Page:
My name is Christopher Clark and I am an attorney in the Chicago office of Lambda Legal. Lambda Legal is a national organization committed to achieving full recognition of the civil rights of lesbians, gay men, bisexuals, transgender people and people living with HIV. I also serve as the organization’s national strategist for the work we do on behalf of LGBTQ students. I offer this testimony in support of the proposed Equal Access Consistent With a Person’s Gender Identity Amendment to the Chicago Human Rights Ordinance.
I would like to thank the Mayor, the LGBT caucus and Alderman Burke for introducing this proposed change to the Chicago Human Rights Ordinance. I would also like to thank Commissioner Noriega for bringing this important proposal to the attention of the Mayor. And, I would like to thank this Committee for providing members of the community the opportunity to be heard on this matter.
The provision of the Chicago Human Rights Ordinance that appears to limit the use of a single-sex restroom or locker room to people who can produce government-issued IDs that have a sex or gender designation that matches the sex designation of the facility is an unlawful discriminatory barrier and it must be eliminated. The ID Provision causes significant harm and distress to transgender and gender nonconforming Chicagoans and visitors to our city because it essentially allows owners of public accommodations and even members of the general public to “police” the use of restrooms and other single-sex spaces by demanding the production of an ID in order to use such facilities. Such policing causes needless humiliation, embarrassment and rejection. And, the ID Provision acts as a total bar to accessing facilities for people who do not have a government-issued ID that corresponds with their gender identity.
The ID provision stands in marked contrast to, and may in fact violate, the Illinois Human Rights Act. The state’s Human Rights Act prohibits discrimination in the enjoyment of public accommodations on the basis of gender identity and the state’s Human Rights Commission has stated that that means that a person must be permitted to use a restroom that corresponds to their gender identity. In a recent decision discussing the issue, the Commission stated that it was “inherently problematic” to interrogate customers about their gender identity or to engage in some form of “stop and frisk” to police the use of restrooms.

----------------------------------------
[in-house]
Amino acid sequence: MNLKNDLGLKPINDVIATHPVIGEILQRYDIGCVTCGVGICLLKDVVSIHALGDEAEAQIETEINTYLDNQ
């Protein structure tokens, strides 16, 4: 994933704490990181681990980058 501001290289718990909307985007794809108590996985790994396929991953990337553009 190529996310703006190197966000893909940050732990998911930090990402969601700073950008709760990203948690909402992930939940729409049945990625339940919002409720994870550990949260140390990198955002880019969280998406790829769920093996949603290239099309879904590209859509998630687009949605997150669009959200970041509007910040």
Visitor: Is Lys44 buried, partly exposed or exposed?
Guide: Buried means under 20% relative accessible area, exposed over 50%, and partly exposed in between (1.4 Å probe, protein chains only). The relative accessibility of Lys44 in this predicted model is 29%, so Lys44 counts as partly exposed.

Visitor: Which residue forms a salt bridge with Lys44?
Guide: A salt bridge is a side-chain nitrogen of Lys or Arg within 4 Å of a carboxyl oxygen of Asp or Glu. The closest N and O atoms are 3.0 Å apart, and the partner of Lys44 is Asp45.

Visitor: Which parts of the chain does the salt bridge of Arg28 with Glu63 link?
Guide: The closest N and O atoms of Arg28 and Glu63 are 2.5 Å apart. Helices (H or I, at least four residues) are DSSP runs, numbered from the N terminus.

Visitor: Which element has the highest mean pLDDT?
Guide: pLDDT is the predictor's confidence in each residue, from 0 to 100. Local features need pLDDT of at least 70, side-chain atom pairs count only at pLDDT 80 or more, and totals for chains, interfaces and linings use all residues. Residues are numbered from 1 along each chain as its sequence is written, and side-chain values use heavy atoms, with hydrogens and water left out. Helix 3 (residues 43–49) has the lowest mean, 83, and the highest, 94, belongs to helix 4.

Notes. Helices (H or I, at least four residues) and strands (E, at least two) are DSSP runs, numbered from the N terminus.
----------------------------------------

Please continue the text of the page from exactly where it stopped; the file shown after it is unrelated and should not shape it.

The ID Provision also sends a troubling message to LGBTQ youth because it legitimizes the disparate and harassing treatment of transgender and gender nonconforming individuals. When our laws and our government sanction discrimination against a particular group of people, it invites private citizens to do the same.
And, the effects of such discrimination on the youngest members of our community cannot be overstated. In survey after survey, transgender and gender nonconforming students have reported that they are disproportionately targets of harassment and violence in schools and, as a result, they are more likely to miss school because they feel unsafe. Discrimination and harassment also leads to higher rates of depression and anxiety among transgender and gender nonconforming youth, a higher incidence of drug and alcohol abuse and a greater risk of suicide.
The Chicago Public Schools recognized the need to protect LGBTQ young people when it recently issued a set of comprehensive and affirming guidelines designed to create safer, more inclusive schools and to reduce anti-LGBTQ discrimination and harassment. These guidelines specifically state that CPS student shall have access to restrooms and locker rooms that correspond with their gender identity.
The CPS guidelines are consistent with guidelines and policies in school districts across the country. In a recent decision by the Fourth Circuit Court of Appeals that affirmed the right of a Virginia high school student to use the restroom that corresponds to his gender identity, Lambda Legal was proud to submit a friend-of-the-court brief on behalf of a cross-section school administrators from around the country who had enacted affirming policies that treat transgender students with dignity and respect and allow them to use facilities that correspond to their gender identities. In that brief, those administrators told the Court that such policies had not caused any disruption in their schools. They stated: “Respect for a transgender student’s gender identity supports the dignity and worth of all students by affording them equal opportunities to participate and learn”.
It is time for the City Council to bring the Chicago Human Rights Ordinance in line with the Illinois Human Rights Act and the guidelines issued by Chicago Public Schools. Lambda Legal urges the Council to pass the Equal Access Consistent With a Person’s Gender Identity Amendment.